Sore throats are very common and are often the first sign of a cold. They tend to get better on their own in less than a week and are usually nothing to worry about.
Symptoms of a sore throat
Sore throats are usually caused by viruses (e.g. cold or flu) or by smoking. They're occasionally caused by bacteria. Symptoms include:
• Painful throat, especially when swallowing
• Dry, scratchy throat
• Redness in the back of the mouth
• Bad breath
• Mild cough
• Swollen neck glands
Common causes of a sore throat
• A viral infection, such as the common cold or flu
• A bacterial infection, such as streptococcus (known as strep throat)
• Allergies (to mould, dust or pollen, for example)
Treating a sore throat
A sore throat generally lasts two to three days and gets better within a week. There are a few things you can try that may soothe a sore throat and quicken your recovery:
• Gargle with warm salty water
• Drink plenty of water (six to eight glasses of fluids a day is a good goal for most people) but avoid hot drinks
• Eat cool or soft foods
• Avoid smoking or smoky areas
• Take rest
• Suck ice cubes or hard sweets (although don’t give children anything small or hard to suck, to avoid the risk of choking)
Ask your pharmacist which over-the-counter medicines (such as paracetamol, ibuprofen, medicated lozenges or anaesthetic sprays) could help relieve the pain or discomfort of your sore throat.
Tonsillitis & its symptoms
Tonsillitis is inflammation of the tonsils, which are two soft masses at the back of the throat. It's generally caused by a viral infection or, occasionally, a bacterial infection. It’s a common condition in children, but teenagers and adults can get it as well. Tonsillitis may feel like a severe cold or flu, with red and swollen tonsils, a sore throat and sometimes fever or coughing. Less frequently, you may have swollen or painful glands in your neck, white pus-filled spots on your tonsils or bad breath.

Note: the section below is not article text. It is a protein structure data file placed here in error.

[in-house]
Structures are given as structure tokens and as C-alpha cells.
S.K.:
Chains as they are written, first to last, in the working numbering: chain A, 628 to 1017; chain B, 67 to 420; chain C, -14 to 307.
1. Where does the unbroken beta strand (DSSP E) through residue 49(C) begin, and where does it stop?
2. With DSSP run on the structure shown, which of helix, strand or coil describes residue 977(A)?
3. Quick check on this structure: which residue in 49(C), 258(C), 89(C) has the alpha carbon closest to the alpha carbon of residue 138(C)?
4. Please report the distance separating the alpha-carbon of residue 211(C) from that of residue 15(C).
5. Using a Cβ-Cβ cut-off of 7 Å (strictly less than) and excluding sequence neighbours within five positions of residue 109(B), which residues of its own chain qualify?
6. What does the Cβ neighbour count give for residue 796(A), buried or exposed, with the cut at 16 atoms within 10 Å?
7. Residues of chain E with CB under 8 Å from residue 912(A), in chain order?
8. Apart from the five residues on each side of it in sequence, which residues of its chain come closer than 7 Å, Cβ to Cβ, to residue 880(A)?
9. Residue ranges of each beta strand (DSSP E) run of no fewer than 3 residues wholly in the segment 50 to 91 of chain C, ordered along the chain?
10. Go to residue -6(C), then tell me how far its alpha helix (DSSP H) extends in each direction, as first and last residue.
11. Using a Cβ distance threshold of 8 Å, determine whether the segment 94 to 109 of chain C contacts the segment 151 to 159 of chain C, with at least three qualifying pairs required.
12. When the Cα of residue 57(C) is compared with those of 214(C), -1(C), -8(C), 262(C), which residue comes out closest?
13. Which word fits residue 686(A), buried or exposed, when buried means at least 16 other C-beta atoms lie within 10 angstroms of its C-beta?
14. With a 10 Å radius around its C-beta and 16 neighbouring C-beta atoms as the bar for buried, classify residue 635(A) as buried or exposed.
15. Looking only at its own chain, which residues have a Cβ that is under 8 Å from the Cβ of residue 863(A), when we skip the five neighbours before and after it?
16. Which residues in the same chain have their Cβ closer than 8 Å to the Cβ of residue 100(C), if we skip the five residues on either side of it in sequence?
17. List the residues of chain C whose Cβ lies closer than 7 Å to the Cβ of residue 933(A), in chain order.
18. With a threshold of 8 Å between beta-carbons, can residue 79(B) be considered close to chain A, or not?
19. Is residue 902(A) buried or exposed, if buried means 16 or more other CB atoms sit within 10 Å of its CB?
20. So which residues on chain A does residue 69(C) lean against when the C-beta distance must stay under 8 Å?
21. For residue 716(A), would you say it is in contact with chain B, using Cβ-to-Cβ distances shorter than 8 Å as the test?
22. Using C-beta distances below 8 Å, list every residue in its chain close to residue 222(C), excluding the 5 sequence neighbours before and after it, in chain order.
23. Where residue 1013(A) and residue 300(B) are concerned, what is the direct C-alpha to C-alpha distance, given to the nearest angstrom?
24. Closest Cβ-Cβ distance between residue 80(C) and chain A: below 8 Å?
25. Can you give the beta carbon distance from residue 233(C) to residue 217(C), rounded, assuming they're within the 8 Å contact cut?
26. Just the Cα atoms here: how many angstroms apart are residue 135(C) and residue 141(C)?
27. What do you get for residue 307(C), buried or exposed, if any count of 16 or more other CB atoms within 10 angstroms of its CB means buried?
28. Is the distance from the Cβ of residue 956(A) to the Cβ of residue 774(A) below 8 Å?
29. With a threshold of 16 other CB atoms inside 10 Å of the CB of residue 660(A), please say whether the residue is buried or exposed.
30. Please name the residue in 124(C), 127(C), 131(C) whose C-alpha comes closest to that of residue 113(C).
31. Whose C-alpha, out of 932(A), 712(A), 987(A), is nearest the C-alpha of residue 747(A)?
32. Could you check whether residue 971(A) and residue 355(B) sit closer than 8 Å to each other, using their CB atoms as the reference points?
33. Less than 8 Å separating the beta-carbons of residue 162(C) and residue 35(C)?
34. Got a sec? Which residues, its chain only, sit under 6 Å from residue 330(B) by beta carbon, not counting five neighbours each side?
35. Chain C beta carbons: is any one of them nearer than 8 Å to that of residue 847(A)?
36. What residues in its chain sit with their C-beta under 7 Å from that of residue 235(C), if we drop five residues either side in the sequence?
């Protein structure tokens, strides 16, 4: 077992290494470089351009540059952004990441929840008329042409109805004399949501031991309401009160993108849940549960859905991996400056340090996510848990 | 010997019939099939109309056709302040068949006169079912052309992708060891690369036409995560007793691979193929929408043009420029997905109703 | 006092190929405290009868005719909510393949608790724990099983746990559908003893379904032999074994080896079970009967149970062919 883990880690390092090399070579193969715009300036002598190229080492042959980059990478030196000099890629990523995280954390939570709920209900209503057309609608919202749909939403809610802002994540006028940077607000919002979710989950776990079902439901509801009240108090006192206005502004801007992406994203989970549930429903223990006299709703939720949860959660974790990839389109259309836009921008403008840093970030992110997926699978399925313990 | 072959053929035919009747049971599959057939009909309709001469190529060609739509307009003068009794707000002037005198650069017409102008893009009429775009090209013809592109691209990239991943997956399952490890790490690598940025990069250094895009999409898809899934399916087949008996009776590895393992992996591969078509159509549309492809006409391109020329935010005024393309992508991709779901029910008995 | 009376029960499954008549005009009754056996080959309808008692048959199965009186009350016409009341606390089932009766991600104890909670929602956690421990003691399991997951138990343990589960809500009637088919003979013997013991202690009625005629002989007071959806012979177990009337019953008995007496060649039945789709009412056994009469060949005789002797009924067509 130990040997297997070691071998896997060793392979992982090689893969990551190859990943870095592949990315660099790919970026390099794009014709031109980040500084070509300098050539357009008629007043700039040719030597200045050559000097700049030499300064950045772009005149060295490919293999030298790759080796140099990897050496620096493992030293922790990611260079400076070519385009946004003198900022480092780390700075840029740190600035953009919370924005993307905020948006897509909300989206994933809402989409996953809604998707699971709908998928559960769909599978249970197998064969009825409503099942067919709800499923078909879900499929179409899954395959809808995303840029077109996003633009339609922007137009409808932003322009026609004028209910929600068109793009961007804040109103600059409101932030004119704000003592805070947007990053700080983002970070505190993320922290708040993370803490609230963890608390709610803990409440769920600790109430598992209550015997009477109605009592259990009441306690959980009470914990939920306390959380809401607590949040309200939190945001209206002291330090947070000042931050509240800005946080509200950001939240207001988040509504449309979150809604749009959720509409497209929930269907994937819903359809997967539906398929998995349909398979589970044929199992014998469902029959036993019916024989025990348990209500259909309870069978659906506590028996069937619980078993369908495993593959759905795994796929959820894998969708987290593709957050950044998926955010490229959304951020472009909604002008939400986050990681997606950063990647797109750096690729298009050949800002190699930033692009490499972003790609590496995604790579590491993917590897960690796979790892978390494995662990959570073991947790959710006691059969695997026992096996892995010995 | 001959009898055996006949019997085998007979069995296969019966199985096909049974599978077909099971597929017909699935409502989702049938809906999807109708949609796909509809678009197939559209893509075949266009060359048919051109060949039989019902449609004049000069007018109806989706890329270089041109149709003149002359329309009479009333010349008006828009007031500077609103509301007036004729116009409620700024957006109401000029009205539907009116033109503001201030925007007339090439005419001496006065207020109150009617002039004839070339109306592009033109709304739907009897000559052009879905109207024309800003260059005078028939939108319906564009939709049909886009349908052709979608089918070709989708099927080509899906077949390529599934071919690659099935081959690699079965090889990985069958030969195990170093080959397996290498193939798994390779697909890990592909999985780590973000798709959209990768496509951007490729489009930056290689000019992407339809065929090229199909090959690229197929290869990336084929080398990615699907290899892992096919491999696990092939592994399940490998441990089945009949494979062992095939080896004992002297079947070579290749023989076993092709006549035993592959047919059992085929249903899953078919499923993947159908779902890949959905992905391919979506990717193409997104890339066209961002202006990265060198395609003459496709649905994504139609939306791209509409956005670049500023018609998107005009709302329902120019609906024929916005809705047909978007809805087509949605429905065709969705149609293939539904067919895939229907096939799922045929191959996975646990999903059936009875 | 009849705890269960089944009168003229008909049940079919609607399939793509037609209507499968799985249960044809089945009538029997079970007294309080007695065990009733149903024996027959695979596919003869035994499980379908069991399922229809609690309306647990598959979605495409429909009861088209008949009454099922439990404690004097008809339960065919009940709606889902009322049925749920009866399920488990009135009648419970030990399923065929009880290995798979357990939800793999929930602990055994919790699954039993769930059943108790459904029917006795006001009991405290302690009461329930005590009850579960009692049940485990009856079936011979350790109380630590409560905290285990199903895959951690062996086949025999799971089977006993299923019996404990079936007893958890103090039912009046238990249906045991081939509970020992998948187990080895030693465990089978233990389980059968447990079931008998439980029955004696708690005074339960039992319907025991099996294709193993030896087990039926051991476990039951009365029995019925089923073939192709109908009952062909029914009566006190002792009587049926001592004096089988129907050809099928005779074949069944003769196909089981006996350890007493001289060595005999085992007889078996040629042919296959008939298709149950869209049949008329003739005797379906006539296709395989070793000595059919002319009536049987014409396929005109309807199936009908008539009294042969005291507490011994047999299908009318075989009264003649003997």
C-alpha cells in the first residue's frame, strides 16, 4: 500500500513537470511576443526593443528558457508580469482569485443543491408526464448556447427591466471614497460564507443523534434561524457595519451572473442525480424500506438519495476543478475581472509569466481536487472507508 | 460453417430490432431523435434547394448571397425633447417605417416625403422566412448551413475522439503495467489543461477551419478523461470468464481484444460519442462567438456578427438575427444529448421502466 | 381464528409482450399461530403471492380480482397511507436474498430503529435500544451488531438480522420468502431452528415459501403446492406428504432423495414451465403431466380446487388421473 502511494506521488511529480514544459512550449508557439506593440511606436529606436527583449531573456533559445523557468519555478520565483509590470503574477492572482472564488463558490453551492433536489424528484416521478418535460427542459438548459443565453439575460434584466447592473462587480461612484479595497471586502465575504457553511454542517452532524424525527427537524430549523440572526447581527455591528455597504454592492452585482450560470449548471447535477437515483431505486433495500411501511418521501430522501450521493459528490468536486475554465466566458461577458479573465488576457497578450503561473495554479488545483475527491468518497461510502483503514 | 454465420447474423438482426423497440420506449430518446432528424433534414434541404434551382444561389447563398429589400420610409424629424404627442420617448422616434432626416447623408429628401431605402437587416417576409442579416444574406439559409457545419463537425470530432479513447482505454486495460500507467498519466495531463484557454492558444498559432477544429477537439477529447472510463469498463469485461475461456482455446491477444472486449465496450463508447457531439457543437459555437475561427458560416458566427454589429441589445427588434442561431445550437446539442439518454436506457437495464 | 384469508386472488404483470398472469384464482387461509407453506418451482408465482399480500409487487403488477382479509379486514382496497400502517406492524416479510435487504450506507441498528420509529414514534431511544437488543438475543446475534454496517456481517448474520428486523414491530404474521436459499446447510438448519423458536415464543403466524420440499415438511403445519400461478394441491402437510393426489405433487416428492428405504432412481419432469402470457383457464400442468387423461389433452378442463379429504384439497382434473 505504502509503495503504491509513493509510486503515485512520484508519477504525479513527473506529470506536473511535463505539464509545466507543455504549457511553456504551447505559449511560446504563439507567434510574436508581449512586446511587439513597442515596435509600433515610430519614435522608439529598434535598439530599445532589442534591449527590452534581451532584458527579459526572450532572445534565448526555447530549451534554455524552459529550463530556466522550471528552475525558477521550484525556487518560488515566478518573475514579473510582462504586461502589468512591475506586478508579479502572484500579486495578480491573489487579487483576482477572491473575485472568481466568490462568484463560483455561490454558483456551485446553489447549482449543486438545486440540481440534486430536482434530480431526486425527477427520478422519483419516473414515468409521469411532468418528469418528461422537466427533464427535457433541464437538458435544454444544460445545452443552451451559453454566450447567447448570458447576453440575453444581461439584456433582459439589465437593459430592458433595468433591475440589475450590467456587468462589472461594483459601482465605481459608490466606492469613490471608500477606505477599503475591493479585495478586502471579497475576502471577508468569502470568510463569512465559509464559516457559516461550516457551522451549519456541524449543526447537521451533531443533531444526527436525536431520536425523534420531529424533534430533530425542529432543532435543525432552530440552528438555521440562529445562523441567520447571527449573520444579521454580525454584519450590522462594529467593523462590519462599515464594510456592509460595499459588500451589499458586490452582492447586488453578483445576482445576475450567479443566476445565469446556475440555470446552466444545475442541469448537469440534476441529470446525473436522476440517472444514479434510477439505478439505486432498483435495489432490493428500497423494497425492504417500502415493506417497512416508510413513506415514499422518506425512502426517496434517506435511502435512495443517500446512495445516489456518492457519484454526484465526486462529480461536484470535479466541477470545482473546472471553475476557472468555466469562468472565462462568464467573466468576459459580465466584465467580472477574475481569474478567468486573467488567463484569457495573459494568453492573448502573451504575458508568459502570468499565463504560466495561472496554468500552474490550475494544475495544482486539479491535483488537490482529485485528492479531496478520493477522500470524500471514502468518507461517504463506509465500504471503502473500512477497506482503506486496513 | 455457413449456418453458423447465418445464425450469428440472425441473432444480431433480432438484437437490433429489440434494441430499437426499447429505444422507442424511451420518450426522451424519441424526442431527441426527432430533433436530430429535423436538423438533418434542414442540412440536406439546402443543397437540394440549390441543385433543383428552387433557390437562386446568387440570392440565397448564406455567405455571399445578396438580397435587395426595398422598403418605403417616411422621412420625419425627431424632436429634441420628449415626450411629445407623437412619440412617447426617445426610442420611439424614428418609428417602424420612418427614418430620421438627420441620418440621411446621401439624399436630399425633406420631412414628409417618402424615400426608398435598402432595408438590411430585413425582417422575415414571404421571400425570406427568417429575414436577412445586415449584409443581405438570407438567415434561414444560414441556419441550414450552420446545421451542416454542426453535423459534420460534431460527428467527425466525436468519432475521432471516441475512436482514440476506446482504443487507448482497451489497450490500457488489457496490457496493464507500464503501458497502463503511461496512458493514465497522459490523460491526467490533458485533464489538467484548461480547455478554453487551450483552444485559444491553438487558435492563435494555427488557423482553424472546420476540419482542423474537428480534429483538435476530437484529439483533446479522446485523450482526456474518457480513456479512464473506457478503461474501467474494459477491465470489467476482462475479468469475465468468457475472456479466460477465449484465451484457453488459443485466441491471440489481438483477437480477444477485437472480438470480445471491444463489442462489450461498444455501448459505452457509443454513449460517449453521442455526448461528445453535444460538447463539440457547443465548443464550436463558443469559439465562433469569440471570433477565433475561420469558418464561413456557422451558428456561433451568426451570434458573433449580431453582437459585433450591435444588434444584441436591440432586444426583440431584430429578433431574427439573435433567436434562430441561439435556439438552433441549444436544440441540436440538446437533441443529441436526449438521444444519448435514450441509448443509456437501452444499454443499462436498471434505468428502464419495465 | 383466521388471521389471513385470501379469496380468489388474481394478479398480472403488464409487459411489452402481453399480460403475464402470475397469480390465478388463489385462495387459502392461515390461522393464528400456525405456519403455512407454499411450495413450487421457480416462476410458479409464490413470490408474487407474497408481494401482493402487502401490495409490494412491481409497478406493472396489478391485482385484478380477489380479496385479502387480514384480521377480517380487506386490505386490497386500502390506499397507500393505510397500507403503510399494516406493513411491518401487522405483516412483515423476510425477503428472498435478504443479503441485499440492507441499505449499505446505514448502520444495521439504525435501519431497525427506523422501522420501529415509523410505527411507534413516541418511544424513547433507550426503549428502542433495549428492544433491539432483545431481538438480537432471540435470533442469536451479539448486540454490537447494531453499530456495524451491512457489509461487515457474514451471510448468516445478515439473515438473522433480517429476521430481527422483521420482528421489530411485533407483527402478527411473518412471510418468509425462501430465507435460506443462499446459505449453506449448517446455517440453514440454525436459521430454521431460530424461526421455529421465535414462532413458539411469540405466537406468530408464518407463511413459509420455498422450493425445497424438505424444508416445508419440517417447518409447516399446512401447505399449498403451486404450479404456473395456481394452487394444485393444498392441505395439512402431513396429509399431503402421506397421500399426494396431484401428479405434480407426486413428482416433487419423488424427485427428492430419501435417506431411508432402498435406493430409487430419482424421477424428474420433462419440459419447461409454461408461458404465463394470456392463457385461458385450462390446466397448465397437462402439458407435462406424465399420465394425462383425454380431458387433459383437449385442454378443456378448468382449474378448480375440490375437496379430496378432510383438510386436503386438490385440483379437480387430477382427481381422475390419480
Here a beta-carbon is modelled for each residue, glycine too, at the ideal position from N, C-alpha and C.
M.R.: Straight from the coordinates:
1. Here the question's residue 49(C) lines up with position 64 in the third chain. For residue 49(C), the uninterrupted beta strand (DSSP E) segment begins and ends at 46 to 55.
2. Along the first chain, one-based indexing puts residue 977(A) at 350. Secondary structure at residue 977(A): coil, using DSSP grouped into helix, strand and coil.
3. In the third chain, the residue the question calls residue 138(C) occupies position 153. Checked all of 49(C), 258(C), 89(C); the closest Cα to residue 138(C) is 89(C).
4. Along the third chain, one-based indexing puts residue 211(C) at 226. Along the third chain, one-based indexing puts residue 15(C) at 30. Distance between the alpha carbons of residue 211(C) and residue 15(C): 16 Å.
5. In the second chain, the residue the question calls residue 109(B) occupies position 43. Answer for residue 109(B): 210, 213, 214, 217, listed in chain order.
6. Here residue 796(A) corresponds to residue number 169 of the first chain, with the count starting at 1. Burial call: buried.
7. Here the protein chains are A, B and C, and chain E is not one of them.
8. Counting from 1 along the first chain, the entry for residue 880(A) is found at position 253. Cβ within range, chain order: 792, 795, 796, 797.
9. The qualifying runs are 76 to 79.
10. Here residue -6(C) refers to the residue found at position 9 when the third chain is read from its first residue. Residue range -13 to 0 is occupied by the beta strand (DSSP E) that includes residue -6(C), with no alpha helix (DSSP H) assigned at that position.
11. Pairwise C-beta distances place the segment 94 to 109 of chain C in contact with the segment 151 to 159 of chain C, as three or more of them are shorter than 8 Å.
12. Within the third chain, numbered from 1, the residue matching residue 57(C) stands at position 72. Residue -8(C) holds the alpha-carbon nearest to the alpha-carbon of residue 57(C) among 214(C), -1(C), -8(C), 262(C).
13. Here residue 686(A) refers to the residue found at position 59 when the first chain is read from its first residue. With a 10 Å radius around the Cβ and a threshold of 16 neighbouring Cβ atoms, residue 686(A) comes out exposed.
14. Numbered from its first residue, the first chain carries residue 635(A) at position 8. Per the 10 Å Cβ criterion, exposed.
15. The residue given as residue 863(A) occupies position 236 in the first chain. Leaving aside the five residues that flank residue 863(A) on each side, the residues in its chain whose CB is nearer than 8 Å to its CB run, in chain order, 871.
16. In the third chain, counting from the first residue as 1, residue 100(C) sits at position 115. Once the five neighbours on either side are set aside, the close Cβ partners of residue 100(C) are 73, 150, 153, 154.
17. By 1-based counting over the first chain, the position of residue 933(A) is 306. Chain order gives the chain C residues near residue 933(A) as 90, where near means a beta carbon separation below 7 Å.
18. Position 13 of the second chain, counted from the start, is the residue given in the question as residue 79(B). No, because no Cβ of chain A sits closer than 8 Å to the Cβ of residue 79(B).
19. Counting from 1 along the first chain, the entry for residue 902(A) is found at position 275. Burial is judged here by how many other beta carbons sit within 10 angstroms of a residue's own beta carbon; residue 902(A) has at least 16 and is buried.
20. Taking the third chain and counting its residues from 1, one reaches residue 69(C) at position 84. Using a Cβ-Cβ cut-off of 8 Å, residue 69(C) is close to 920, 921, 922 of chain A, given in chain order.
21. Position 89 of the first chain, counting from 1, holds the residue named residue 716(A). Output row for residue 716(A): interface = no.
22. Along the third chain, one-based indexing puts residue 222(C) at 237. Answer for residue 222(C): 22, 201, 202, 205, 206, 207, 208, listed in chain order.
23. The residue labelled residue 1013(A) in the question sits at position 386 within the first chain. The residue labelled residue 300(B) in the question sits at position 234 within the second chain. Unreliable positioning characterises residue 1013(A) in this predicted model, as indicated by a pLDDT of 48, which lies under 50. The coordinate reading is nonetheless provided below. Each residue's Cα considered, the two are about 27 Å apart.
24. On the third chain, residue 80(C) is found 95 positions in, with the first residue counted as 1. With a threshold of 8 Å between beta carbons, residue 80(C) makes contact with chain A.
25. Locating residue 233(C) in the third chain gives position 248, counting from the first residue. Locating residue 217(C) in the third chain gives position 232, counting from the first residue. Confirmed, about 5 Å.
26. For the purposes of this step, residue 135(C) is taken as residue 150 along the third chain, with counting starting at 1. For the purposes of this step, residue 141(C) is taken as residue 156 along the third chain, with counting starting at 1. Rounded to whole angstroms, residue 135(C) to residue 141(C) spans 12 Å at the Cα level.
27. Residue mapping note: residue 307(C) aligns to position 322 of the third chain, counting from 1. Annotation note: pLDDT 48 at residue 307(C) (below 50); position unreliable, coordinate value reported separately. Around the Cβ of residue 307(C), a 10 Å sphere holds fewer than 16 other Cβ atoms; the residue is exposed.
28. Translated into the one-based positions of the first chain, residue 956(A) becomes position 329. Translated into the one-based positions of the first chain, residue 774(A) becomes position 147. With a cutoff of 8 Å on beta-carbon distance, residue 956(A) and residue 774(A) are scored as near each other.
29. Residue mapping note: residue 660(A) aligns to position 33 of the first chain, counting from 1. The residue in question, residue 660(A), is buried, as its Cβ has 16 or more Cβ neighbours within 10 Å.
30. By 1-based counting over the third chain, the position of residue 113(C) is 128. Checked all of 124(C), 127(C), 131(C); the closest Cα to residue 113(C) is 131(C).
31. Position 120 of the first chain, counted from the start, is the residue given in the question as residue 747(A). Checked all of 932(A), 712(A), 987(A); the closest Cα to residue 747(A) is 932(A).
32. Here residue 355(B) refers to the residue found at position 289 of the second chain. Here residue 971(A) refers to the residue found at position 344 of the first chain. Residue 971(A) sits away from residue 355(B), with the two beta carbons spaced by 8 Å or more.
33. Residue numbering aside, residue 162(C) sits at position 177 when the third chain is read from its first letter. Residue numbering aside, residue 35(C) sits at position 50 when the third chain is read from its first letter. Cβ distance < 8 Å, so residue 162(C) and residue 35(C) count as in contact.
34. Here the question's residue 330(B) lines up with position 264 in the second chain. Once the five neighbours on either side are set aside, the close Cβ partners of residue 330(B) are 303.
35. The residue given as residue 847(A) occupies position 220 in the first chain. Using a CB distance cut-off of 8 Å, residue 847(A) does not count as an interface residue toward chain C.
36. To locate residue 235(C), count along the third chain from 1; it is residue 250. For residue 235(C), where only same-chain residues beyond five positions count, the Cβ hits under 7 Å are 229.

Mild tonsillitis will usually go away after three to four days. To ease symptoms, you can:
• Drink cool drinks that soothe the throat
• Gargle with warm, salty water
• Take rest
• Use lozenges, throat sprays and antiseptic solutions, as suggested by your pharmacist
If you have a severe case of tonsillitis that doesn’t clear up on its own, visit your Doctor. If the infection is suspected to be bacterial, they may prescribe a course of antibiotics.
Strep throat & its symptoms
A sore throat that is particularly severe or long lasting could be strep throat, a type of bacterial throat infection. Common symptoms include:
• Sore, red throat
• Swollen lymph nodes (lumps) in the neck and under the jaw
Treating strep throat
If you think you might have strep throat, consult your Doctor for diagnosis and advice on treatment options. Your Doctor may prescribe antibiotics to treat the infection.
When should you see a Doctor for your sore throat?
• You've had a sore throat for over a week
• You often get sore throats
• You have a sore throat with a very high temperature or you feel hot and shivery
• You have a weakened immune system (e.g. if you have HIV, are having chemotherapy, or are taking medicine that suppresses your immune system)
• You have white pus-filled spots on the tonsils or back of the throat
• You're experiencing strep throat symptoms, such as a sore throat accompanied by fever or swollen lymph nodes
• To help soothe a sore throat, you can treat it with at-home remedies. Speak to your pharmacist for advice about which medicines may help
• If your symptoms worsen, last longer than a week or occur frequently, consult your Doctor